Daley said Aquinas is looking forward to incorporating the unique elements of Nazareth Academy’s program — including its science, technology, engineering and math (STEM) curriculum — and hopes to also offer some of its extracurricular activities such as its dance and robotics teams.

"This decision ensures that our enrollment will be strong and viable for years to come," Daley said.

The move also will enable the new school system to minimize tuition increases, he added. Next year’s tuition will increase to $7,700 for high schoolers and $5,450 for junior-high students. Aquinas tuition for the 2009-10 school year was $7,500 for the high school and $5,250 for the junior high, while the Nazareth Schools tuition was $7,200 for the Academy and $4,800 for Nazareth Hall Middle School.

It is as yet unclear whether Nazareth Academy faculty or staff will lose jobs; that will depend on next year’s enrollment, Sister Mitchell said.

The Nazareth Schools and Aquinas also will merge their endowments, resulting in an $11 million endowment fund that the merged school hopes to increase to $25 million, Daley said. Scholarships committed to Nazareth Academy students will be maintained, Sister Mitchell noted.

Hours after word circulated that Nazareth would be merging with Aquinas Institute, more than 1,000 members had joined a social-networking group Save Naz Academy from Extinction, which was posted to the Web site Facebook.

Evelyn Shepard, one of the administrators of the Facebook group and a 2009 graduate of Nazareth Academy, said she and other administrators were in awe of the group’s quick growth, but that growth demonstrates how connected the Nazareth Schools community is.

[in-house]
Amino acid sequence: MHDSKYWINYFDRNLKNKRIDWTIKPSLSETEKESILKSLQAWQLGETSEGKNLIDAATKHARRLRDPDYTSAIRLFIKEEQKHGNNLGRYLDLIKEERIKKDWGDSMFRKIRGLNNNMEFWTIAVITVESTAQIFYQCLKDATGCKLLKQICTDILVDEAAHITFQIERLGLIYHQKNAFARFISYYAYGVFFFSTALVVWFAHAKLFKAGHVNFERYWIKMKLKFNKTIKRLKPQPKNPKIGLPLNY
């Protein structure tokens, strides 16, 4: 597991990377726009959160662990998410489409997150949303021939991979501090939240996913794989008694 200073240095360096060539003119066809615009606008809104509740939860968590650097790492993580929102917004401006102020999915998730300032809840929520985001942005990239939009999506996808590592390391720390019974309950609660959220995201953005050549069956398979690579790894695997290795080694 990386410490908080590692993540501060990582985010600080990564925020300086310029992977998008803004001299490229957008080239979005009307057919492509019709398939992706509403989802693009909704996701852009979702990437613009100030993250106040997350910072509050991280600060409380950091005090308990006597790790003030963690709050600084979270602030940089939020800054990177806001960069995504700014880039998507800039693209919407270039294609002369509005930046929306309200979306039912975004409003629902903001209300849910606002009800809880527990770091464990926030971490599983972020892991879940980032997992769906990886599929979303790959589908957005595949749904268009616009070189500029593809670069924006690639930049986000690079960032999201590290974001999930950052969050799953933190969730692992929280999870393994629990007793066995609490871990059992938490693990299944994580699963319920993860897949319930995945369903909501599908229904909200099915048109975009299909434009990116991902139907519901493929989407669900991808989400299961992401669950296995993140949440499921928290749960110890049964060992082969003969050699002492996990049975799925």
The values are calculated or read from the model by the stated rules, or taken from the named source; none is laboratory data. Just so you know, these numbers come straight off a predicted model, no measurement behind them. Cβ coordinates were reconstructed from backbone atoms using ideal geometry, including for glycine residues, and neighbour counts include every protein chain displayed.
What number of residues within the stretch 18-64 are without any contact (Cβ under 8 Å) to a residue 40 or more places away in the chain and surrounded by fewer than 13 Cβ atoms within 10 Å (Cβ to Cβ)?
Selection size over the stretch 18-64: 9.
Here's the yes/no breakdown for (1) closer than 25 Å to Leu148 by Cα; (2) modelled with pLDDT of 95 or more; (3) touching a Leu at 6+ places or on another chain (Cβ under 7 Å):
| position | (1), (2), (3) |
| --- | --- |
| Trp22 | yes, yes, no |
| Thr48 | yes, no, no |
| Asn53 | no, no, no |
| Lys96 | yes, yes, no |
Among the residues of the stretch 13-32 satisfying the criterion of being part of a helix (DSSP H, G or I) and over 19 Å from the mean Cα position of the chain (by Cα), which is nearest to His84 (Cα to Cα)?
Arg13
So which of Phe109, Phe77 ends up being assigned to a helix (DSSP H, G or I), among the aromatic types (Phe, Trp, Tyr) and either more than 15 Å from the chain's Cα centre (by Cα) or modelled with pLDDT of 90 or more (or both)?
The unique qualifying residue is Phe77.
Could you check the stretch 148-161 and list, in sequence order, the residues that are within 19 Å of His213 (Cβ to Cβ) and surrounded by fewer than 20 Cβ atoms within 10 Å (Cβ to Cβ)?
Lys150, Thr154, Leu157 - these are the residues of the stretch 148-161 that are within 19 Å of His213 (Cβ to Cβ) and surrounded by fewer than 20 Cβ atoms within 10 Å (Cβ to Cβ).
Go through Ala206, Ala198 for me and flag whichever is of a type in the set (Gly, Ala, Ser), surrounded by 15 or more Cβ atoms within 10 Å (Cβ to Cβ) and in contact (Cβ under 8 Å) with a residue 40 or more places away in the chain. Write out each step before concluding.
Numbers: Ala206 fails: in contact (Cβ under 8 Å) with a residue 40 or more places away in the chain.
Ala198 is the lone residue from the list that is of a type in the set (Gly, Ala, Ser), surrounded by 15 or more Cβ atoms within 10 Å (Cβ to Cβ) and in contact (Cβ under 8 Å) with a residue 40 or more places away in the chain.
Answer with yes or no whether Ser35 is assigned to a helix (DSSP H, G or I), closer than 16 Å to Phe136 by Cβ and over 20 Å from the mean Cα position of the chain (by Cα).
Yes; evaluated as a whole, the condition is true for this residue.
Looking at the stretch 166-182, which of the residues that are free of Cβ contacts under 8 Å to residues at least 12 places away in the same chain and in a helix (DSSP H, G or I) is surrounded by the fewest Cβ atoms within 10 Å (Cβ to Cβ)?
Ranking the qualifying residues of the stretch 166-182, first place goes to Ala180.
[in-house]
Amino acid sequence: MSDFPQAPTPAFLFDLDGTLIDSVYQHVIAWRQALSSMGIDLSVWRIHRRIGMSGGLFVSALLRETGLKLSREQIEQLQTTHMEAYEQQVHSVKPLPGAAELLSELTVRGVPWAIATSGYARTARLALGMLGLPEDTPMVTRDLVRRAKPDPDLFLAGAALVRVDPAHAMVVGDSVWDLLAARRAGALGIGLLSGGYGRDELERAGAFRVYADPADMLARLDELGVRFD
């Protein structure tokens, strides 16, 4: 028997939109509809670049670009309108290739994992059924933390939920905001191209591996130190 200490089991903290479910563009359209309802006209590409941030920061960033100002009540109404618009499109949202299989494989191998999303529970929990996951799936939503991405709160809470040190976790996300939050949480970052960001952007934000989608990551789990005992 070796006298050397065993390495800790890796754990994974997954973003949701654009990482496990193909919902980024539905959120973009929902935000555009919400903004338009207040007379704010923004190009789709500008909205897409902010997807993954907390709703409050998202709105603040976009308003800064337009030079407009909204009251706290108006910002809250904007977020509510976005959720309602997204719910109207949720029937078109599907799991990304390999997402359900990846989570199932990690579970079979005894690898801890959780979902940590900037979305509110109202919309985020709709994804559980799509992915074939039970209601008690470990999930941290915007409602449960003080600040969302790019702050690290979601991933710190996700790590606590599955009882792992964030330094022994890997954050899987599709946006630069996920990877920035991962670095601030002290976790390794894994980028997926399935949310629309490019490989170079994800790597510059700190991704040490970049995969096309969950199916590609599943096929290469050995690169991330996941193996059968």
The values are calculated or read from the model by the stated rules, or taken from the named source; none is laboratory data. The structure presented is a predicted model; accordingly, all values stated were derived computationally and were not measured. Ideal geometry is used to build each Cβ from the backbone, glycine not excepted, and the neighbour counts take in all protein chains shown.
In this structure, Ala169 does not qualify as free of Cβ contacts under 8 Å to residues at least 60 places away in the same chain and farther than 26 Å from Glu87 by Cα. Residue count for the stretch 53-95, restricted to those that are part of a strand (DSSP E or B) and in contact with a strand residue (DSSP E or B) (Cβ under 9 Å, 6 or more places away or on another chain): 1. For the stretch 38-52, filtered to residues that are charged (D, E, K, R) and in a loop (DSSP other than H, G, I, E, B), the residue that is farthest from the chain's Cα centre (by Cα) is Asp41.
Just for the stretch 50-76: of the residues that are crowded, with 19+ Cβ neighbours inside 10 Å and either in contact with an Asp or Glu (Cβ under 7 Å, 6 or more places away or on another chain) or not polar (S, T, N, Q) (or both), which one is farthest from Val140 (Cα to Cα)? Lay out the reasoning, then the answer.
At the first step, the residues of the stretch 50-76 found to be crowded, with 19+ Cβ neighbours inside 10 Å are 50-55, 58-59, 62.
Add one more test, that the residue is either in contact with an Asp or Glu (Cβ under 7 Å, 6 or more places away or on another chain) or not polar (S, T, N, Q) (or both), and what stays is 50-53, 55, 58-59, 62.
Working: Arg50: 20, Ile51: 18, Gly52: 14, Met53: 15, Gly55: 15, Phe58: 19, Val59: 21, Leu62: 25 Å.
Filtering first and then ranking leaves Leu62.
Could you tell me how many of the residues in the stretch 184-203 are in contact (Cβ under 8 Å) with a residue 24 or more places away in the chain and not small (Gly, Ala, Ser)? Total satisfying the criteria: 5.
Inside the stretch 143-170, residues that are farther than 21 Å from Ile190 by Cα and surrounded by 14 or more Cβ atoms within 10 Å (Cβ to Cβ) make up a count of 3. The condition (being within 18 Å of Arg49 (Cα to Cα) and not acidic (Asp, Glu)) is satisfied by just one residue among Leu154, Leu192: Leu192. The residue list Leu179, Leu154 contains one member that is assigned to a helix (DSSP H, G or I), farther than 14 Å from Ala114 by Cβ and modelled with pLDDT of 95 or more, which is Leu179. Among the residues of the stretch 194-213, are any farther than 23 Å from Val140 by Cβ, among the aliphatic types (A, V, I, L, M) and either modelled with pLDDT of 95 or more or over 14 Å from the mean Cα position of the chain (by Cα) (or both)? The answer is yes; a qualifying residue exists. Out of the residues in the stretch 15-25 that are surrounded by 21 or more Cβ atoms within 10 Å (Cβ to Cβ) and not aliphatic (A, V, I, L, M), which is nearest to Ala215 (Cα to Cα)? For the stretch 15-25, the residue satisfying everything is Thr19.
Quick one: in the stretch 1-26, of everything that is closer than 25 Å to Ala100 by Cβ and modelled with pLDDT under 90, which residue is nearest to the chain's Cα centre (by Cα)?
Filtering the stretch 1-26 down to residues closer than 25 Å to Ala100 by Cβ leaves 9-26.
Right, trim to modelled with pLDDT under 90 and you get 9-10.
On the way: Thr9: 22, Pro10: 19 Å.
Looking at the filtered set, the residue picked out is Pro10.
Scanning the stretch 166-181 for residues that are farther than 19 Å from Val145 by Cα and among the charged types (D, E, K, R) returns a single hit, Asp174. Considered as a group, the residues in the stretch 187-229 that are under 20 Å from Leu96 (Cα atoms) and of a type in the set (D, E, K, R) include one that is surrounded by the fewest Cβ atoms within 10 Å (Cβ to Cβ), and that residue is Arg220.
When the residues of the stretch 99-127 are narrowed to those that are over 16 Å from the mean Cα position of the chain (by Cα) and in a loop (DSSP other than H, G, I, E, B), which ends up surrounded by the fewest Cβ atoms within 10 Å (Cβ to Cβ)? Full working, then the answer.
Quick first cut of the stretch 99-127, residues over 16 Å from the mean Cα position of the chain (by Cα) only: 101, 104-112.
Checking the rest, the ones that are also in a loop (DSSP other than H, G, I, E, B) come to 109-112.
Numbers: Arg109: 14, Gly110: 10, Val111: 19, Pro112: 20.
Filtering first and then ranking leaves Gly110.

"For me (the group) has been a really good support because people have been posting memories and how they are feeling," said Shepard, 18. "It really made me realize all of us are going through the same emotions."

Shepard, a Rochester resident and freshman at Nazareth College, said students were aware that Nazareth Academy attendance was declining and knew changes might be coming, but they were still shocked by the announcement.

"I don’t think anyone expected it to be this soon," she said.

Shepard was one of many alumnae who have said they were sad to see the end of the option for an all-girls education west of the Genesee River. Shepard noted that Nazareth Academy’s all-female environment helped her shed a shy personality.

"I don’t think I would have been the same person I am today if I hadn’t attended Nazareth Academy," she said. "I think a lot of people feel that same way, which is why the loss is so big."

Nazareth Academy also built the confidence of alumna Shannon Culligan.

"I went to a coed elementary school," Culligan said. "You feel like you have to fit in a stereotype of your gender. With all girls, it just made you be who you are."

Culligan, a freshman at SUNY Geneseo, said she hopes some of Nazareth’s strengths will be preserved as its students move to other schools, including its focus on science, its award-winning dance program and its athletic teams, which include the state-champion girl’s varsity basketball team.

"I really hope the sports can be carried on," Culligan said. "Because Nazareth is such a small school, we’ve made tremendous advances in sports."